Take the 2-minute tour ×
Stack Overflow is a question and answer site for professional and enthusiast programmers. It's 100% free, no registration required.

I'm currently in the research phase of my dissertation project.

My project is a ticket booking system for a mobile device and I have chosen to target Android.

I anticipate the need for a client/server architecture with a central server, and so am currently looking at how Android could communicate with such a server. The server would grant the client access to ticketing information, and the client would send information about ticket bookings to the server. I'm looking at Java EE for the server as Java is the language I'm most experienced with.

I'm aware that Android comes with java.nio and java.net, as well as some org.apache packages, but am also looking for libraries/technologies that would be possible to use with Android.

So far I've not found anything massively helpful on the internet, so I'm seeing what SO can suggest.

Specifically I am interested in knowing:

  1. What support is there for various middleware technologies in Android? e.g.
    • RPC based middleware
    • CORBA
    • Message based middleware
    • Web services such as XML-RPC, SOAP, REST
  2. How well (or not) do existing Java libraries work when used on the Android platform? (e.g. If I wanted to use a library/API designed for Java SE rather than Android what problems might I encounter?)

Ideally, as the focus of my project isn't meant to be the communication between the server and client, I could use an existing middleware to handle the communication, but I am prepared for the worst case, which is having to write my own.

share|improve this question

1 Answer 1

up vote 14 down vote accepted

What support is there for various middleware technologies in Android?

My personal opinion -- though I do not feel I am alone in thinking this way -- is that only protocols specifically designed to run over the Internet are remotely suitable for use with a mobile client. So, of your list, the only one that I would even entertain would be:

Web services such as XML-RPC, SOAP, REST

Some people have been maintaining an Android port of kSOAP2. However, I get the distinct impression that most Android developers working in this area have tended towards REST and REST-ish protocols. If nothing else, that's what all the fun Web sites and services are using for an API, particularly compared with XML-RPC (old) and SOAP (old and icky).

I have successfully used both the java.net.URLConnection and Apache HTTPClient libraries in Android for communicating with REST-style endpoints -- both directly and through third-party JARs -- with no real Android-specific issues.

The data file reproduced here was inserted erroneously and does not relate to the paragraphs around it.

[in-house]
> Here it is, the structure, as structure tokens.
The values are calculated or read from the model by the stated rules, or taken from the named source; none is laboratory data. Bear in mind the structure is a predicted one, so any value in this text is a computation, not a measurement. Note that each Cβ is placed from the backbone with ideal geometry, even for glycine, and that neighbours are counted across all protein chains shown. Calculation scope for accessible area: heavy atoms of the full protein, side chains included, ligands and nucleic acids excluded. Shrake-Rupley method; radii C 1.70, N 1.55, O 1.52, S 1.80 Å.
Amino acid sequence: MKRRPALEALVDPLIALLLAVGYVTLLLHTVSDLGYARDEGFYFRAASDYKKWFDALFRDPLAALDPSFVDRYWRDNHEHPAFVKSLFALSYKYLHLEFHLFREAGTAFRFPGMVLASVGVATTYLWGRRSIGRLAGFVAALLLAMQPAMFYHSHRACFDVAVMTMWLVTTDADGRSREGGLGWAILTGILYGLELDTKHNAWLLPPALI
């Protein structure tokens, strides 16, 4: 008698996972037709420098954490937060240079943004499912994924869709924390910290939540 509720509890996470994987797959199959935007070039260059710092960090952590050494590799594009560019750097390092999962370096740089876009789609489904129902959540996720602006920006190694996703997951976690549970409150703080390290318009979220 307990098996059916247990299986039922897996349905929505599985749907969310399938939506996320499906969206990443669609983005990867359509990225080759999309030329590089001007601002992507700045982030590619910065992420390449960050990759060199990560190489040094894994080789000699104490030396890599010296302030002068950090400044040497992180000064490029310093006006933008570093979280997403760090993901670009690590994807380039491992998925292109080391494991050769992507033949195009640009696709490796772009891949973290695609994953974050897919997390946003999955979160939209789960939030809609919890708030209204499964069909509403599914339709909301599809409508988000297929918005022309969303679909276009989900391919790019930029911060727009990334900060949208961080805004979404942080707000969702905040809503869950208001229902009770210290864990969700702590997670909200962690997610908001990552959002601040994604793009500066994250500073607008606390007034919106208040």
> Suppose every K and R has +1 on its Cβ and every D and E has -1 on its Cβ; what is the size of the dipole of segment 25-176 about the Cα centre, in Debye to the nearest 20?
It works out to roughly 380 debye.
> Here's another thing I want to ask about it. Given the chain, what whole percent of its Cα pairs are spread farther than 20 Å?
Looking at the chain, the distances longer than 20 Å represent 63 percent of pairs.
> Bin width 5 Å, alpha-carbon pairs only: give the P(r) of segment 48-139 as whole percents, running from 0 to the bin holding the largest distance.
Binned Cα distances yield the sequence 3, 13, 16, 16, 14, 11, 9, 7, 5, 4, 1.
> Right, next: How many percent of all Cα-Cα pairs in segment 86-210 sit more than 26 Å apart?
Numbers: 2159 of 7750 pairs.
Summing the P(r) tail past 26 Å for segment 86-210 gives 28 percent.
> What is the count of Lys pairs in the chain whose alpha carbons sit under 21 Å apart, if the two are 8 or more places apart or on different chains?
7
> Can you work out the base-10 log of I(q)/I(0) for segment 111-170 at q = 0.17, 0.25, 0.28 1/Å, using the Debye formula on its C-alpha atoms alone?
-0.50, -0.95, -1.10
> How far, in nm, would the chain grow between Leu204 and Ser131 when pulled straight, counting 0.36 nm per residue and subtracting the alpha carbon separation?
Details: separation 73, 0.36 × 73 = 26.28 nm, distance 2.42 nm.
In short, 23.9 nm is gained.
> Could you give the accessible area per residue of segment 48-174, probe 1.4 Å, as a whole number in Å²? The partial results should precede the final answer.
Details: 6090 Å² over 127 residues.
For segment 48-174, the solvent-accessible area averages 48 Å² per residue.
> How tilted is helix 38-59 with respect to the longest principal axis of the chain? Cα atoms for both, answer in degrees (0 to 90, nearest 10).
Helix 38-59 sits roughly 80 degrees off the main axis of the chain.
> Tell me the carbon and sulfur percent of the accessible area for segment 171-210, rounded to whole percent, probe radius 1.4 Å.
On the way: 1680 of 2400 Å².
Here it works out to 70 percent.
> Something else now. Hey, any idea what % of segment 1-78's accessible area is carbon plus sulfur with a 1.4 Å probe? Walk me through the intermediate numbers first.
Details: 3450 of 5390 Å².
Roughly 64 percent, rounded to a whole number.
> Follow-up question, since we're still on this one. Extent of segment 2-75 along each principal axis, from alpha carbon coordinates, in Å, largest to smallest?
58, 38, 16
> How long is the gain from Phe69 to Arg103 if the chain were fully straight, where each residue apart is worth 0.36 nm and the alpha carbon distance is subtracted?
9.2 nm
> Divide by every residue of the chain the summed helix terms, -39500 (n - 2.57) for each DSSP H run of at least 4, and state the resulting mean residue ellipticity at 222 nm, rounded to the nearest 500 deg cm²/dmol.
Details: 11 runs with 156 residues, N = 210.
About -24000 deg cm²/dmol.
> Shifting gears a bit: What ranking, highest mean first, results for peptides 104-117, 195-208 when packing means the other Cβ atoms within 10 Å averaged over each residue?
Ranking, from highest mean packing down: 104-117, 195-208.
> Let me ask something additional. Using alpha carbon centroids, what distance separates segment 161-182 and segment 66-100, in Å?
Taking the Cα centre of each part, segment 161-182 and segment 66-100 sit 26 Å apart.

How well (or not) do existing Java libraries work when used on the Android platform?

It is difficult to answer that in the abstract. Android implements a substantial subset of JavaSE, but not all of JavaSE, so there's a chance that any given JAR will expect something Android does not offer. Similarly, Android does not use environment variables, command-line switches, or a variety of other things that developers focused on the desktop might have introduced as semi-requirements. So, some things have worked for me with nothing more than a recompile (Beanshell), and some things have worked for me after removing redundant classs (JTwitter), and some things looked like they were going to be ghastly to get working (JavaMail).

share|improve this answer
1  
This question is a little old now, but still attracts a lot of views. Is your answer still up-to-date, or has the Android environment changed in the last 3 years with respect to the original question? –  chrisbunney Sep 14 '12 at 10:31
2  
@chrisbunney: Somebody got JavaMail working, so that's no longer an issue. HttpUrlConnection is the recommended approach for REST clients over Apache HTTPClient. Otherwise, I think my recommendations from way back then are still pretty accurate. –  CommonsWare Sep 14 '12 at 10:49

Your Answer

 
discard

By posting your answer, you agree to the privacy policy and terms of service.

Not the answer you're looking for? Browse other questions tagged or ask your own question.